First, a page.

While the inaugural address was being delivered from this place, devoted altogether to saving the Union without war, insurgent agents were in the city seeking to destroy it without war—seeking to dissolve the Union and divide effects by negotiation.

Both parties deprecated war, but one of them would make war rather than let the nation survive, and the other would accept war rather than let it perish. And the war came.

One-eighth of the whole population were colored slaves, not distributed generally over the Union, but localized in the southern part of it. These slaves constituted a peculiar and powerful interest. All knew that this interest was somehow the cause of the war.

To strengthen, perpetuate, and extend this interest was the object for which the insurgents would rend the Union even by war, while the Government claimed no right to do more than to restrict the territorial enlargement of it.

Neither party expected for the war the magnitude or the duration which it has already attained. Neither anticipated that the cause of the conflict might cease with or even before the conflict itself should cease.

Each looked for an easier triumph, and a result less fundamental and astounding. Both read the same Bible and pray to the same God, and each invokes His aid against the other.

It may seem strange that any men should dare to ask a just God’s assistance in wringing their bread from the sweat of other men’s faces, but let us judge not, that we be not judged. The prayers of both could not be answered. That of neither has been answered fully.

The Almighty has His own purposes. ‘Woe unto the world because of offenses; for it must needs be that offenses come, but woe to that man by whom the offense cometh.’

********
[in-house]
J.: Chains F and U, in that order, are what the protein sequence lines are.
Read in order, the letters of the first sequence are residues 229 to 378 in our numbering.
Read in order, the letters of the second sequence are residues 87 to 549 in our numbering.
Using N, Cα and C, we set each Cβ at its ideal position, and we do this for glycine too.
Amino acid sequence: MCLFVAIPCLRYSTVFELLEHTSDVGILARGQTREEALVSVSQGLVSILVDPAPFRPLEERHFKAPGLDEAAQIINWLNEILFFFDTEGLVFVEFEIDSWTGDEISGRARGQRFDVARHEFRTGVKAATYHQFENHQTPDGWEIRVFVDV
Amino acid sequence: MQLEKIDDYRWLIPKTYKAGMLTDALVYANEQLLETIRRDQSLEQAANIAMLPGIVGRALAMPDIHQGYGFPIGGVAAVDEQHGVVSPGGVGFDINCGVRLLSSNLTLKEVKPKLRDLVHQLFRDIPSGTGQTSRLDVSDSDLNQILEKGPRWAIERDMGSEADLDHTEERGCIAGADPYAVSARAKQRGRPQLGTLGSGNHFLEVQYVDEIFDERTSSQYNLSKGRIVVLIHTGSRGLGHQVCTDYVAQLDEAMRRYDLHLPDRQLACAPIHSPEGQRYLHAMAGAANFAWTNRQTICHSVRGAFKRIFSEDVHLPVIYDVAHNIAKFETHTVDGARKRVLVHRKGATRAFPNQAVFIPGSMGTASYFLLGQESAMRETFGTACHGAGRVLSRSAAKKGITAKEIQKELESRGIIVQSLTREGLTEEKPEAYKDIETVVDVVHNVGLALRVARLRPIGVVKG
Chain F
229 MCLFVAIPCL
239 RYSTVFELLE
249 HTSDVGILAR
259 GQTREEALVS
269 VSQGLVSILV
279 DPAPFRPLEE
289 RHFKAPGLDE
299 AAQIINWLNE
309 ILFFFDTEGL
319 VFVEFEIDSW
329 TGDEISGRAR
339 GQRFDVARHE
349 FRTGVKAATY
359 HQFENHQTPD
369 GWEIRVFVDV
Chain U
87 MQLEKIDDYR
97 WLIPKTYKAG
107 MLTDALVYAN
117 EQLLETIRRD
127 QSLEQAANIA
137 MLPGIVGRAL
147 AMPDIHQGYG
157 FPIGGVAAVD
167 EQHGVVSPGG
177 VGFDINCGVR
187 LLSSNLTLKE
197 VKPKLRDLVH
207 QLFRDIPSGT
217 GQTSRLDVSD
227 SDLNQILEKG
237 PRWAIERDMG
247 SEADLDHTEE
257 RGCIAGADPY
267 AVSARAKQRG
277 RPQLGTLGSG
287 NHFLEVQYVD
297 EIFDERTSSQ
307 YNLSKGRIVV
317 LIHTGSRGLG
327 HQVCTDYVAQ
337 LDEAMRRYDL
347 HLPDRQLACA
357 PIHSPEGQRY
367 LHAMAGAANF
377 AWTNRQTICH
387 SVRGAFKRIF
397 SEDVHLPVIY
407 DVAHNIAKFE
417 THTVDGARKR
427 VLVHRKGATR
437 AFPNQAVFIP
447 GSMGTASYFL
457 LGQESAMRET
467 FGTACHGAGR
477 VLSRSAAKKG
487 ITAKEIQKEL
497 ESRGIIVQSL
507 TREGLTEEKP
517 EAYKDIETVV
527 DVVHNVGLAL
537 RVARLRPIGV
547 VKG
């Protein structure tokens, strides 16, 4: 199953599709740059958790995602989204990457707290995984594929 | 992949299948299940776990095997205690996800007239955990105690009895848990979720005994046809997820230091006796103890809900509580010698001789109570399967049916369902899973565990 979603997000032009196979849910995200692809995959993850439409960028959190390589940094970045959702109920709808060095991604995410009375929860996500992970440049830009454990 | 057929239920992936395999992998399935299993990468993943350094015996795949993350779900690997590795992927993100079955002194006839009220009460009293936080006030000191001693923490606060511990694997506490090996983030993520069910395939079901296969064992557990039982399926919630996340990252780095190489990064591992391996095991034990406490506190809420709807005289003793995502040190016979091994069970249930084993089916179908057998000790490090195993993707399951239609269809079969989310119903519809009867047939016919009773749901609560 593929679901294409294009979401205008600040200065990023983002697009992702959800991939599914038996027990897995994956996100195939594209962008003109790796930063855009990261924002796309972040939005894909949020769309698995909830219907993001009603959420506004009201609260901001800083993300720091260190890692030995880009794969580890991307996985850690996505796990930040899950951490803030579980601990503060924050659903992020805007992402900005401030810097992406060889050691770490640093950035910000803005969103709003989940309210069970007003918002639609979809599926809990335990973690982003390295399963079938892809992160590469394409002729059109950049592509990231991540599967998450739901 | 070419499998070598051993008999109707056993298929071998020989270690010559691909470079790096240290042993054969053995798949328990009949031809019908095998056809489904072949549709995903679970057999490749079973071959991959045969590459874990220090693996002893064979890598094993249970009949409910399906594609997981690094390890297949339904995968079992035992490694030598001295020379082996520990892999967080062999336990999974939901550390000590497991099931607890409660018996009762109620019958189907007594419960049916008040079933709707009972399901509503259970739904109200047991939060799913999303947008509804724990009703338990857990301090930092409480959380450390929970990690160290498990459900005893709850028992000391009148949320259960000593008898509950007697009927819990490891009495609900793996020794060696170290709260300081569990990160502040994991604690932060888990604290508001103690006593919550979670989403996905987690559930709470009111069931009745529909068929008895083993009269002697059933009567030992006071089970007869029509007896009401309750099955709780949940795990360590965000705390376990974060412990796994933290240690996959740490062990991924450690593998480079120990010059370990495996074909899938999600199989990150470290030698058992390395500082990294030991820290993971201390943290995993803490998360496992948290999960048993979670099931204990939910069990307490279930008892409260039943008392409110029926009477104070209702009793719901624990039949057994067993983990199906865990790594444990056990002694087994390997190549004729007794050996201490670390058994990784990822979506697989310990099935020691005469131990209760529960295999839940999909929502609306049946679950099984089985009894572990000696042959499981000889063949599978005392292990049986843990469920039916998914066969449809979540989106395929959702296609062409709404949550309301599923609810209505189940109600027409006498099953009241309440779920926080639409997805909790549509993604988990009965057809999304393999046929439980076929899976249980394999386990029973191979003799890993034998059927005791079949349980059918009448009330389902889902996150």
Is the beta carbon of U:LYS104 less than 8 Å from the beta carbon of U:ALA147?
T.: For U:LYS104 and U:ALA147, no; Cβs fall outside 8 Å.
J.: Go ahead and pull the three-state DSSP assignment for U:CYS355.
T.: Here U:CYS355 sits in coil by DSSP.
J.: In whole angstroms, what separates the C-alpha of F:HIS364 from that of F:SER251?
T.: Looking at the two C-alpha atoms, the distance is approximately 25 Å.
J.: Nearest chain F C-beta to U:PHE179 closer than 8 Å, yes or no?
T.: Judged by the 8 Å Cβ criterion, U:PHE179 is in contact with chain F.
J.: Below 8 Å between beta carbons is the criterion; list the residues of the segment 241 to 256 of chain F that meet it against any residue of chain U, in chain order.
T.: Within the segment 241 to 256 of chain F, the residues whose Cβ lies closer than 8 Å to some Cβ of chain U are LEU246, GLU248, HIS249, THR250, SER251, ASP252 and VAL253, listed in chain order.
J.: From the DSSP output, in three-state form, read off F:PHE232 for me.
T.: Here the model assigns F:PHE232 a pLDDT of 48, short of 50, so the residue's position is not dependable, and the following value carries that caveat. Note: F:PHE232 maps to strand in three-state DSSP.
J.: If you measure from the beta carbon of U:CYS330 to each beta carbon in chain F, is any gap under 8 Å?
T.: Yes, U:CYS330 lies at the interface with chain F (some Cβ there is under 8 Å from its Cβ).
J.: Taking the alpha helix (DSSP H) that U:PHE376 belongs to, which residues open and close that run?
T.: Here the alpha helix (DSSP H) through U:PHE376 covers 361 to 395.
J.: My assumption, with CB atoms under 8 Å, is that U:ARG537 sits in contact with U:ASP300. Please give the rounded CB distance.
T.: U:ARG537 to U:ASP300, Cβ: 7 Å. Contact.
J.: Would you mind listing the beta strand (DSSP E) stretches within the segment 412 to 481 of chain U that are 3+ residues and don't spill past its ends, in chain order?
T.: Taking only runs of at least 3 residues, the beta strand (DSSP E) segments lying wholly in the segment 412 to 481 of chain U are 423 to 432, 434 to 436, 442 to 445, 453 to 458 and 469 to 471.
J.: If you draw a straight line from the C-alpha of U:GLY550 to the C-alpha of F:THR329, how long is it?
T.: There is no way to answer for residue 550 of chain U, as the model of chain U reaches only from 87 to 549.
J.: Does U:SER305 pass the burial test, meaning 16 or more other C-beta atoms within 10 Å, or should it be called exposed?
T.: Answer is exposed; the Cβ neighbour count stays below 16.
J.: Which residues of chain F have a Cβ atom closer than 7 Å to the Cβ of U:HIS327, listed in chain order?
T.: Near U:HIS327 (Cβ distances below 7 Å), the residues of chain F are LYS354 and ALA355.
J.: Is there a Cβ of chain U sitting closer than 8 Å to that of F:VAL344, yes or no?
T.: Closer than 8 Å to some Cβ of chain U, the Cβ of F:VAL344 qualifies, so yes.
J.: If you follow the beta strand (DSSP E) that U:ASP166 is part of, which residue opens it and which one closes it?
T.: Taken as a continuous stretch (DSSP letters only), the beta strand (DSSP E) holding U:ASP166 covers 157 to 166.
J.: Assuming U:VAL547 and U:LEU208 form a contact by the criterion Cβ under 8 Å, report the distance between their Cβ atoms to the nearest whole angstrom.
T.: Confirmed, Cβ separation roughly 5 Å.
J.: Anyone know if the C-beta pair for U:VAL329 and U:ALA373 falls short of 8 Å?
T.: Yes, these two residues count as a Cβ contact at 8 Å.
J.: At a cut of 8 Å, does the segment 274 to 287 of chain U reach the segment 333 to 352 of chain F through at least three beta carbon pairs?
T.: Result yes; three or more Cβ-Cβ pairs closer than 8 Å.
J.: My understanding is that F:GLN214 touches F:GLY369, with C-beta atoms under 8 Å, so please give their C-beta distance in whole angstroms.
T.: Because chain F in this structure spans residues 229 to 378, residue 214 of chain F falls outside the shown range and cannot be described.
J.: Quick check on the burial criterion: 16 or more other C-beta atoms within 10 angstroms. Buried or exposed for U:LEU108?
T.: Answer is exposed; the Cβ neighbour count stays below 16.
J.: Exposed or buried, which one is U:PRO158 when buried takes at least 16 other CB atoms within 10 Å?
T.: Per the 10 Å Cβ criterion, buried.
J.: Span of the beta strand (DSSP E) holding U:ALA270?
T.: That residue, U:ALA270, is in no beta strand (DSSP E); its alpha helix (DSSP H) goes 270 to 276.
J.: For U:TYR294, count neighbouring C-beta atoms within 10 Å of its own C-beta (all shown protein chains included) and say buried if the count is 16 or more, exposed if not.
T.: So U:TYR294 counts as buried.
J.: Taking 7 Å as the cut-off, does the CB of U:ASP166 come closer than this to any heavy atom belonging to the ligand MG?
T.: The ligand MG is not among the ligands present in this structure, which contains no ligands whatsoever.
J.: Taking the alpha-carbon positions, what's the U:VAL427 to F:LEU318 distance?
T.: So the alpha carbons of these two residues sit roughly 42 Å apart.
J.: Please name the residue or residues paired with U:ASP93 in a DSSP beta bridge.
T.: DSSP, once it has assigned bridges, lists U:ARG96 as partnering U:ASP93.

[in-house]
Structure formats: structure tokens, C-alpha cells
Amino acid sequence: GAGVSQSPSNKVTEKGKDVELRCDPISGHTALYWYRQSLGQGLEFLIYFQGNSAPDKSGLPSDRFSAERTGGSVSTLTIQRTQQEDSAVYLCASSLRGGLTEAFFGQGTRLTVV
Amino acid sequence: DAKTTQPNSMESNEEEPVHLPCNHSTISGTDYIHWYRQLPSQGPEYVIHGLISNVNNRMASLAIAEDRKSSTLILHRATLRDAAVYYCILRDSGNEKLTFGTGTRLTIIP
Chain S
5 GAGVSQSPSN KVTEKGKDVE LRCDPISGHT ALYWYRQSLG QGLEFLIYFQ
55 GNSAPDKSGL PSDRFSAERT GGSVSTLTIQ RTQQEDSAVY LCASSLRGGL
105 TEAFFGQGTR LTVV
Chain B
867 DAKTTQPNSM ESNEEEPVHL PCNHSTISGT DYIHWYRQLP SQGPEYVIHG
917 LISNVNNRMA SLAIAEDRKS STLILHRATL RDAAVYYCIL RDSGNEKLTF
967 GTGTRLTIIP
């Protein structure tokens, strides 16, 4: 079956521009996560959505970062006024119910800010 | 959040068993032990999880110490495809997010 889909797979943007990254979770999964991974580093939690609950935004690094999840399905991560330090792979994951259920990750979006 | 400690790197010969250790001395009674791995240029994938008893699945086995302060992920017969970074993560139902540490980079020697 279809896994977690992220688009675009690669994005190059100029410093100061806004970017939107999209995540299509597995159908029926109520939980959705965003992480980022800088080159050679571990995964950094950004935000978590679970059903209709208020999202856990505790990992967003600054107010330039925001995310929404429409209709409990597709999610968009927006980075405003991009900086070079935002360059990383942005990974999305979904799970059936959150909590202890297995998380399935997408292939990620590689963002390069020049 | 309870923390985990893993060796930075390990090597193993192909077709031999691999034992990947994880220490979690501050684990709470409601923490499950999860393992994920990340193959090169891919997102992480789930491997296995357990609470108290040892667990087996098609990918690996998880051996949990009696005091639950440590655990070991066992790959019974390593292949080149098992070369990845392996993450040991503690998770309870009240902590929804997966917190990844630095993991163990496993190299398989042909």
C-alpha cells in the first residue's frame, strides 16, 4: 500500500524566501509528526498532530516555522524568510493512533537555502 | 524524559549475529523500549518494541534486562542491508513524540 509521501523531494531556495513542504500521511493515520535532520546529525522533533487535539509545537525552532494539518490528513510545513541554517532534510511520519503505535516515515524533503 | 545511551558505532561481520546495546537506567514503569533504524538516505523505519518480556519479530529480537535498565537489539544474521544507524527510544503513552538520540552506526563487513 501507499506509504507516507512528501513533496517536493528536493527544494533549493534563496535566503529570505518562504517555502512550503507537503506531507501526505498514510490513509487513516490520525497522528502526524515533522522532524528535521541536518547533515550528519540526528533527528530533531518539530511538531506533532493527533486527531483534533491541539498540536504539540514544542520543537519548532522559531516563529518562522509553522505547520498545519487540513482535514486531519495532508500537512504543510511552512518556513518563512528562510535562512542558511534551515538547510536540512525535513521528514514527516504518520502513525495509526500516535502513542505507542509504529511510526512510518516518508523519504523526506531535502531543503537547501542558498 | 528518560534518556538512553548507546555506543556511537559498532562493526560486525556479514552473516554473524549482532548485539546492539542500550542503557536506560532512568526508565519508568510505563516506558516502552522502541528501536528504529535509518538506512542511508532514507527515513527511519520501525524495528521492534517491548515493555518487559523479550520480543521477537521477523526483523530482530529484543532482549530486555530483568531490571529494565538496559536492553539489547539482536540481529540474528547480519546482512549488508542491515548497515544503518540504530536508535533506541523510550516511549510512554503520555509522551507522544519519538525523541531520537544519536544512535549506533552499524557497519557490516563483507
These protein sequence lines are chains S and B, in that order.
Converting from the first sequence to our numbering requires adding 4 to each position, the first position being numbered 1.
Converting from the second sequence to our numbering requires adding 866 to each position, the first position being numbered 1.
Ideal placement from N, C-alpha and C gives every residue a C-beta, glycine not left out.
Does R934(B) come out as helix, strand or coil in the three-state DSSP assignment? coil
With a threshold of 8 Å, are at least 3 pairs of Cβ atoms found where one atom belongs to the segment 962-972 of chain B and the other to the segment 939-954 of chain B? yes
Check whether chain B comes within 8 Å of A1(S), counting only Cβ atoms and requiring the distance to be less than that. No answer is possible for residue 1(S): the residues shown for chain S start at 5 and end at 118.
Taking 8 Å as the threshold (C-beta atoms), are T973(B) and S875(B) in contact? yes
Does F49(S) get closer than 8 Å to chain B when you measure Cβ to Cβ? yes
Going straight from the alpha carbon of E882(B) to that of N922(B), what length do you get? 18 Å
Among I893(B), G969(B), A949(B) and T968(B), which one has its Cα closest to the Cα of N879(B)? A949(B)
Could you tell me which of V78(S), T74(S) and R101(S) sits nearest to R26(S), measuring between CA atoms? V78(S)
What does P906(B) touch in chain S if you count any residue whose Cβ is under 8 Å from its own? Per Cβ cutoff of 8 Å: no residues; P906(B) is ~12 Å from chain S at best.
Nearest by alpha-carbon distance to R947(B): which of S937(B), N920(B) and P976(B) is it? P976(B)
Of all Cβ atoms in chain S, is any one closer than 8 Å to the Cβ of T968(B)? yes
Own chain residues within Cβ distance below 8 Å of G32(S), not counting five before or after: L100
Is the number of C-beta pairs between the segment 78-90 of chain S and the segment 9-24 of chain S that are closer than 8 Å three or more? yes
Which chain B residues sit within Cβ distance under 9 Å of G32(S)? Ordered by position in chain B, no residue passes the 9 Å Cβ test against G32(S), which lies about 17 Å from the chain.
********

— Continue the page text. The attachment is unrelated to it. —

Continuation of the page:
If we shall suppose that American slavery is one of those offenses which, in the providence of God, must needs come, but which, having continued through His appointed time, He now wills to remove, and that He gives to both North and South this terrible war as the woe due to those by whom the offense came, shall we discern therein any departure from those divine attributes which the believers in a living God always ascribe to Him?

Fondly do we hope, fervently do we pray, that this mighty scourge of war may speedily pass away. Yet, if God wills that it continue until all the wealth piled by the bondsman’s two hundred and fifty years of unrequited toil shall be sunk, and until every drop of blood drawn with the lash shall be paid by another drawn with the sword, as was said three thousand years ago, so still it must be said ‘the judgments of the Lord are true and righteous altogether’.

With malice toward none; with charity for all; with firmness in the right, as God gives us to see the right, let us strive on to finish the work we are in; to bind up the nation’s wounds; to care for him who shall have borne the battle, and for his widow, and his orphan – to do all which may achieve and cherish a just and lasting peace, among ourselves, and with all nations.

Related topics: Americas